At Loyola, the first step has always been to perform a high-level investigation of the estimated cost and hours needed to complete a project. An IT director has typically performed this task, which could take as much as four to eight hours. "When you're getting a lot of project proposals, this becomes very burdensome," notes Sigler.
To lighten the load, the institution now paints in broader strokes. "We've since adopted very broad ranges for the investigation parameters based on the Project Management Institute's definition of rough order of magnitude," he says, "so that this high-level investigation can be done quickly, and we can have the information we need to continue the scoring."
Staying out of the informational weeds has benefits beyond savings in staff time. VCCS recently revamped the proposal reports it provides to the project board in order to increase their clarity. "The project board is made up of executives--let's get them in and out," insists Hatch. "Let's give them the least amount of paperwork they need--just enough to explain what they need to know without burying them in details."
4) Share Progress Throughout the Process
Once a project is in motion, it's important that the entire community be kept abreast of its progress. "It's incredibly helpful for our customers to be able to see the whole of what we're doing," notes Sigler. "One of the realities is that sometimes very critical projects consume more resources. Folks need to understand why resources originally allocated to their project have to be transferred temporarily to another project. By having everything in front of them, they can recognize the value of the project that the resources have been assigned to."
Loyola has automated its reporting procedures throughout the project management process. Once a project is approved, a team website is created using a designated SharePoint template. Thereafter, the project manager posts simple status reports, whose frequency is determined by the amount of rigor assigned to the project during the scoring and assessment phases of the approval process. These status reports are also automatically e-mailed to the project team, the project advocate (the person who submitted the project), and the project sponsor. Real-time reporting is also available through a series of dashboards built into the project management system.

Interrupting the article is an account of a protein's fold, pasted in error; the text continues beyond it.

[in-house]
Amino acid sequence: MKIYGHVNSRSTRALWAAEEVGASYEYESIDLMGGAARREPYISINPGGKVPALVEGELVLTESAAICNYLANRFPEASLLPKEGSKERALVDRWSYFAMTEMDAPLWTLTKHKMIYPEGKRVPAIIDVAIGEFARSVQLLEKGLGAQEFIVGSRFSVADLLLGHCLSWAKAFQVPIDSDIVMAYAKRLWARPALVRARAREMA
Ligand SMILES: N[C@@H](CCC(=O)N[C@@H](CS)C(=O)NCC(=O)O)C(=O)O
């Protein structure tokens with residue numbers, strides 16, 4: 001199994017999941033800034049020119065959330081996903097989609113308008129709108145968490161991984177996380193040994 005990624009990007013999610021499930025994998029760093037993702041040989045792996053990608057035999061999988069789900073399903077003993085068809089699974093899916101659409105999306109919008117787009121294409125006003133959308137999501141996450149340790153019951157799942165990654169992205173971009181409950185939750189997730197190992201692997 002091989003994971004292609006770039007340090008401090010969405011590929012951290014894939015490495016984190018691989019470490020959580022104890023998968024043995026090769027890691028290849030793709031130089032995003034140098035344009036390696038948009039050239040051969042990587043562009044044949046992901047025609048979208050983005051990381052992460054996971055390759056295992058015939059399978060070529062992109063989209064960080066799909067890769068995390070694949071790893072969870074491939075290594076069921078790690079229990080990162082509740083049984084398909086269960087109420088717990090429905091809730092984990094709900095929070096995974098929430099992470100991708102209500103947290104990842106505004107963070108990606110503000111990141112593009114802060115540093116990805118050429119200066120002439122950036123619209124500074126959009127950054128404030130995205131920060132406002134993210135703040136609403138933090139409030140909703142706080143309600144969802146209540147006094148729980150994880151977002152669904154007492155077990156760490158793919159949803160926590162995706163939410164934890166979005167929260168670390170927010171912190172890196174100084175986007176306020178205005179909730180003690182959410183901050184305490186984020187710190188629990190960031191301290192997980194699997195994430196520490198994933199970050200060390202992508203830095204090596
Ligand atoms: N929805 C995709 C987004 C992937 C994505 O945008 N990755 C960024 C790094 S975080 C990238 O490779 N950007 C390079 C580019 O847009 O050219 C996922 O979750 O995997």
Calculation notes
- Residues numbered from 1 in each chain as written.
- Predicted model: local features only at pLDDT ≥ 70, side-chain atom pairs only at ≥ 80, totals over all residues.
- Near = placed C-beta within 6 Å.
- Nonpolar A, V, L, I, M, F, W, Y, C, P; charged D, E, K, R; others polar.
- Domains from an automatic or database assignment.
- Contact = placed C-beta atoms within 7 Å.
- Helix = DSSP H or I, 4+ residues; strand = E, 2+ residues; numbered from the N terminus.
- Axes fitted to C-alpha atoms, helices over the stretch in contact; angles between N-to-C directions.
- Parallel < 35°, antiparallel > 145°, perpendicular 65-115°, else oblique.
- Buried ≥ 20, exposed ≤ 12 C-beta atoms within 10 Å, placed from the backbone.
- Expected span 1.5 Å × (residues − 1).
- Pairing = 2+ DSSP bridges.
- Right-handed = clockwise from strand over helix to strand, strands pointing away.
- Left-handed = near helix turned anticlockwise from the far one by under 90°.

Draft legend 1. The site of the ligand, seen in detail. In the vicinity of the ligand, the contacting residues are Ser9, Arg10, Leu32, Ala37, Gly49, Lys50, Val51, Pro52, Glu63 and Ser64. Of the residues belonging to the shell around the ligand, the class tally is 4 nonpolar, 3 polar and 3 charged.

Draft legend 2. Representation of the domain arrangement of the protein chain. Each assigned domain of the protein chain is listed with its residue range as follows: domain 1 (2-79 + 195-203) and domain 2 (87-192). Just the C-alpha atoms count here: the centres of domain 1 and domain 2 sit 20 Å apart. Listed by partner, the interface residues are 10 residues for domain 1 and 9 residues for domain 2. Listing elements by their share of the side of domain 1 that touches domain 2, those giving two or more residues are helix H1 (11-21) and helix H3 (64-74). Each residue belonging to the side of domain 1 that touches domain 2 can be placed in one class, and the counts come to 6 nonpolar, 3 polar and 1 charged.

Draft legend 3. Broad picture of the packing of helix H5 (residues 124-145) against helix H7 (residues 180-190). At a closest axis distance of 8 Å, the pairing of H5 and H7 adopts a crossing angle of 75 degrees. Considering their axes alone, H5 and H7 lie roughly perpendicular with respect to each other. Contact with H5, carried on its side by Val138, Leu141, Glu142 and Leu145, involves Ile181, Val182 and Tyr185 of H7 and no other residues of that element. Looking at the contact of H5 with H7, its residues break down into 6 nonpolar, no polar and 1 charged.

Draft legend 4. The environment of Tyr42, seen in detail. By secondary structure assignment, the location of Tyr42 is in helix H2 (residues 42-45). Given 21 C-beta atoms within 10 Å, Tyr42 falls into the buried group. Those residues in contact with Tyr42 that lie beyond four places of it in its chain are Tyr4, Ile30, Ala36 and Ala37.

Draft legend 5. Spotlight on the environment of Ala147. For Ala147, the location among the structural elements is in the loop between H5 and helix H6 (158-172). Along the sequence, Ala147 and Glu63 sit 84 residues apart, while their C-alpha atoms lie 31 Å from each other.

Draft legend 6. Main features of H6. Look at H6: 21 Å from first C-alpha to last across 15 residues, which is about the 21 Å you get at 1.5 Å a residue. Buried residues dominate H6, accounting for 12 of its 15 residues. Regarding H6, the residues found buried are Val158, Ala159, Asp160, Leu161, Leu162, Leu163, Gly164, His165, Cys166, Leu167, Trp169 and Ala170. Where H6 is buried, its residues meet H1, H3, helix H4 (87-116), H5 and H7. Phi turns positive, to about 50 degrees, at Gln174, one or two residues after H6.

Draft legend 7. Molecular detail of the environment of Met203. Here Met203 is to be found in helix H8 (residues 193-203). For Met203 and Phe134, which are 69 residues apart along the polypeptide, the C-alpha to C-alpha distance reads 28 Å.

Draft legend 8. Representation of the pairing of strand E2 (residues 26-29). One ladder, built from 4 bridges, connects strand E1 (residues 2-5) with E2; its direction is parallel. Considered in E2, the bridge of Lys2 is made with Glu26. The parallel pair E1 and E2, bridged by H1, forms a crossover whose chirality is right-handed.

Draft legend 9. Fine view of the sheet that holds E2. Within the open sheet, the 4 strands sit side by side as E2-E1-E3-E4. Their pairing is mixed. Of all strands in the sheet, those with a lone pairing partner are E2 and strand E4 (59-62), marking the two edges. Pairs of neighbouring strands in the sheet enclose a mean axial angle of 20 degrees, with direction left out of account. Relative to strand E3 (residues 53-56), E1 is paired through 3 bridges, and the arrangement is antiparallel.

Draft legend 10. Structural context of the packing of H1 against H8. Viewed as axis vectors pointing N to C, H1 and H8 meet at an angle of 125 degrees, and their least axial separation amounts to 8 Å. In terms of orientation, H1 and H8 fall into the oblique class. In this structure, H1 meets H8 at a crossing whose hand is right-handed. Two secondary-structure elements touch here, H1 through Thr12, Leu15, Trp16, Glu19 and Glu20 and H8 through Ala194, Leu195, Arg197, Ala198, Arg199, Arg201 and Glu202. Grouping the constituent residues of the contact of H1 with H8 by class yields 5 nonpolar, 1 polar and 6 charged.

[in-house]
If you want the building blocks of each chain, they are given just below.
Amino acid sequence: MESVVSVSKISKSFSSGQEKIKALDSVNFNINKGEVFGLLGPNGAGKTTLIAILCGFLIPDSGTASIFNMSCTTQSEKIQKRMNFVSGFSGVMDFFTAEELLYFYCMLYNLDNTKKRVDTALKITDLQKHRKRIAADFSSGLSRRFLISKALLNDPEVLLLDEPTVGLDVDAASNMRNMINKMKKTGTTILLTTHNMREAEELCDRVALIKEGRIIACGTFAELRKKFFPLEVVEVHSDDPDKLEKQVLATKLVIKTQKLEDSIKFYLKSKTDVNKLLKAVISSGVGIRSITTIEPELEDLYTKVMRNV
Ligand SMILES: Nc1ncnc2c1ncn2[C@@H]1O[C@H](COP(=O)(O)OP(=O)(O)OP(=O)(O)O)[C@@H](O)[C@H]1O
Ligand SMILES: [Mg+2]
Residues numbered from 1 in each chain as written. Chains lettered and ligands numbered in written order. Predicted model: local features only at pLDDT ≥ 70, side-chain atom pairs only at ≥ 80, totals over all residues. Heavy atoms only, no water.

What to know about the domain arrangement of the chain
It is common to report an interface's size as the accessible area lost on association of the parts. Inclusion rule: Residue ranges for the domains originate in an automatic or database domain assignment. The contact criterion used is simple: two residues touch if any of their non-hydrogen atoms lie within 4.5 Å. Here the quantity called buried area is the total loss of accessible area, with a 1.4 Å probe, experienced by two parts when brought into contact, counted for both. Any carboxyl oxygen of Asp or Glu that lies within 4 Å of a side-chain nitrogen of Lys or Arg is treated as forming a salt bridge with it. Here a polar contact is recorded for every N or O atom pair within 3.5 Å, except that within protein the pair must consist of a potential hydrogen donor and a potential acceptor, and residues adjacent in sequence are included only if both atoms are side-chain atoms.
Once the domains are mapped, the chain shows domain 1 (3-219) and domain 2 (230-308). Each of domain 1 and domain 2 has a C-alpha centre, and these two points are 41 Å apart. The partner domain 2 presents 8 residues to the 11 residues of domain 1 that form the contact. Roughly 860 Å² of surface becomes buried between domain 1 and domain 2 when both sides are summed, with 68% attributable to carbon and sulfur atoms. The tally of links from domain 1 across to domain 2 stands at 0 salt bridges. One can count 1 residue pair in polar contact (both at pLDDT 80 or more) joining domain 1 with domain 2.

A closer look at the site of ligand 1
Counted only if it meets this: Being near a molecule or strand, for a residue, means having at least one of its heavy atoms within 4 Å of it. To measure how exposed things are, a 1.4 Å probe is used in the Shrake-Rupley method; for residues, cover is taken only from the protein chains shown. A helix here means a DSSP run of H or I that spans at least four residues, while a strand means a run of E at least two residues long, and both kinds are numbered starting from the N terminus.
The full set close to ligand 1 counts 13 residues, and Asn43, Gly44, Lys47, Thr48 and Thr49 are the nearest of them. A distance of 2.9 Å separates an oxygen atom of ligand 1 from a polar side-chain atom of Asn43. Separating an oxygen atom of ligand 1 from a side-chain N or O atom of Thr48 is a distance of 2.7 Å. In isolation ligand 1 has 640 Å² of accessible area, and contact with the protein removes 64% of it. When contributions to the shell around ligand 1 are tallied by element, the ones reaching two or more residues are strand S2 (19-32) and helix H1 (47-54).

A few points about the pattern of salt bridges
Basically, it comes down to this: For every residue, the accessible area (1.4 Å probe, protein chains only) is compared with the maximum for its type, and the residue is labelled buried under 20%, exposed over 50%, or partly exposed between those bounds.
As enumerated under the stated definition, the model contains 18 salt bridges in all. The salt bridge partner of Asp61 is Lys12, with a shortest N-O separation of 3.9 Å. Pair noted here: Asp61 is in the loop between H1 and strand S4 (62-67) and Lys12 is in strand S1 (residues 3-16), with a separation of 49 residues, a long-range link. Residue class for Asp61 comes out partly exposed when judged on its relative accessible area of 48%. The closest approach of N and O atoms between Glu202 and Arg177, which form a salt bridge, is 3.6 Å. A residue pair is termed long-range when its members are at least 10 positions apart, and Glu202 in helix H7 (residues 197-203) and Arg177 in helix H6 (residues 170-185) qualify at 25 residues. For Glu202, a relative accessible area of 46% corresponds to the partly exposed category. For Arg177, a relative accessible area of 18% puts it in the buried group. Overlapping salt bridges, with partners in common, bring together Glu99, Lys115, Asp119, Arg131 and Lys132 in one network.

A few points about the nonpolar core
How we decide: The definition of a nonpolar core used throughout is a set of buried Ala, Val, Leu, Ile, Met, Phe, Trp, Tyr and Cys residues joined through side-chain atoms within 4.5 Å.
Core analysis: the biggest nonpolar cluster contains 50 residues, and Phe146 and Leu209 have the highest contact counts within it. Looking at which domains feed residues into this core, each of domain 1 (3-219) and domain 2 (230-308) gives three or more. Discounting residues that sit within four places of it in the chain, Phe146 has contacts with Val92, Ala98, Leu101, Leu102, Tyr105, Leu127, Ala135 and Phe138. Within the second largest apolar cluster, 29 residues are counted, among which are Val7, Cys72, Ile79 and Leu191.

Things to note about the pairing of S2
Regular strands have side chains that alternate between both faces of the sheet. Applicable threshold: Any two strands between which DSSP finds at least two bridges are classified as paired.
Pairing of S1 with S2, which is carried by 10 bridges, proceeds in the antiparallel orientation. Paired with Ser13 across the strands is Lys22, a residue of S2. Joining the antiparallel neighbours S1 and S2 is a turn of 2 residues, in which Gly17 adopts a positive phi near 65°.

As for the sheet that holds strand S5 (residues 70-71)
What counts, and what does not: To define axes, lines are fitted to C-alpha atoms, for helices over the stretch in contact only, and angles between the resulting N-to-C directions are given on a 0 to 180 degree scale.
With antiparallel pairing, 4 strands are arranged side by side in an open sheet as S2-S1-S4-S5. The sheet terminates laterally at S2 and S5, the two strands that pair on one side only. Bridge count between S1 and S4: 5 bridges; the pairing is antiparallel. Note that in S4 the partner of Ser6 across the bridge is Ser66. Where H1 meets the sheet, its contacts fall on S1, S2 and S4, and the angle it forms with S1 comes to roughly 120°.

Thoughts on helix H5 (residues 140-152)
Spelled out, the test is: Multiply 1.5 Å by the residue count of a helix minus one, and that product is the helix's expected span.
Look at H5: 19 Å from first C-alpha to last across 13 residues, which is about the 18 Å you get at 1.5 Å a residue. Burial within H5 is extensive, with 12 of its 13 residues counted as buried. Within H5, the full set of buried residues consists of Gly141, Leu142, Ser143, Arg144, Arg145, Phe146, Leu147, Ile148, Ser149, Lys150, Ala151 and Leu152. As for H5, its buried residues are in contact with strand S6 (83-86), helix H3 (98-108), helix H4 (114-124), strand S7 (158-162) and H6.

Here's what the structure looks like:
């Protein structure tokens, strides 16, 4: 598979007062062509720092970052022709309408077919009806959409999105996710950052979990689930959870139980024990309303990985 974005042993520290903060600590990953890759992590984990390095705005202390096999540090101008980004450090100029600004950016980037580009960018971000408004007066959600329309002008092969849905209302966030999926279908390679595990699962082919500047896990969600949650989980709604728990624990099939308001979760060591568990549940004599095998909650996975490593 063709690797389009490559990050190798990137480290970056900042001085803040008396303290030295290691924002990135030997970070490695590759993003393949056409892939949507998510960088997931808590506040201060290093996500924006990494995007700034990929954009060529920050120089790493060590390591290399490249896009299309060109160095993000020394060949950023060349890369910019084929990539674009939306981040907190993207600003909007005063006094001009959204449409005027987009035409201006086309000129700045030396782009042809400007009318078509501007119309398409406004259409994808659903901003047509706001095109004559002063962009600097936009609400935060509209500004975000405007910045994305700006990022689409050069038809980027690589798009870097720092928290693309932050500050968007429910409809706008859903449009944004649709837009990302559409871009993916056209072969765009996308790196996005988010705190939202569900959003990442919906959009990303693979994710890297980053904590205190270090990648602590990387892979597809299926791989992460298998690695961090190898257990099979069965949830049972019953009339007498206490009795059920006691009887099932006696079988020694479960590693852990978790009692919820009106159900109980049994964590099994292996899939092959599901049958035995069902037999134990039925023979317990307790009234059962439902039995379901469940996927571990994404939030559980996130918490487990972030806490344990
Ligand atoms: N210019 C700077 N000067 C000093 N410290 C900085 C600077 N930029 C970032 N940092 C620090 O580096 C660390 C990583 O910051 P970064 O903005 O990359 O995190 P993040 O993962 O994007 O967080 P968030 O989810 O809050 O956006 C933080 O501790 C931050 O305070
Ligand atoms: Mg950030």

"We find that TSAC is also interested in the high-level status for each project in the portfolio," remarks Sigler. He used to give brief updates on each project at TSAC meetings, but quickly found that it was more efficient to distribute a monthly newsletter, which is also posted on the internal Technology Services website.
5) Track Your Available Resources
Even if you have enough money to cover every project, you need to ensure that you have enough man-hours available to complete the projects without overburdening your staff. "If our project list requires 300 development hours, but we only have 200 development hours available, we're going to be right back in crisis mode," says Hatch.
VCCS IT staffers currently track and measure how they use their time. The goal is to create an accurate accounting of the time available to spend on new projects, and how much time is typically spent within each division of IT maintaining existing projects. "Once a project like our new decision-support system rolls into production, how much time does that free up?" posits Hatch. "How many of those hours will then go into maintenance and are no longer available for development time?"
Loyola uses a project portfolio-management system called AtTask to track its available resources against projects under consideration. "The system allows us to see folks who would be overtaxed by the [proposed project load]," explains Sigler. "Then we have the opportunity to remove projects, working backward in priority order...until you're taking on enough work without overloading your resources."
6) Encourage Collaboration
For a resource-strapped IT department, cross-campus collaboration can help distribute the load. "When people can see what's happening in other departments, they have the ability to work together so they're not working on overlapping projects," says Hatch. "There's a synergy that's gained from two people from two departments suddenly realizing that they can use the same product to meet both their needs."
Sigler agrees on the importance of sharing resources among different areas of the institution. Recently, TSAC received a proposal for a new scheduling system from Alcohol and Drug Education and Support Services, followed by a similar proposal from the Counseling Center. "We were able to find a solution that met both of their needs, which led to tremendous efficiency," explains Sigler.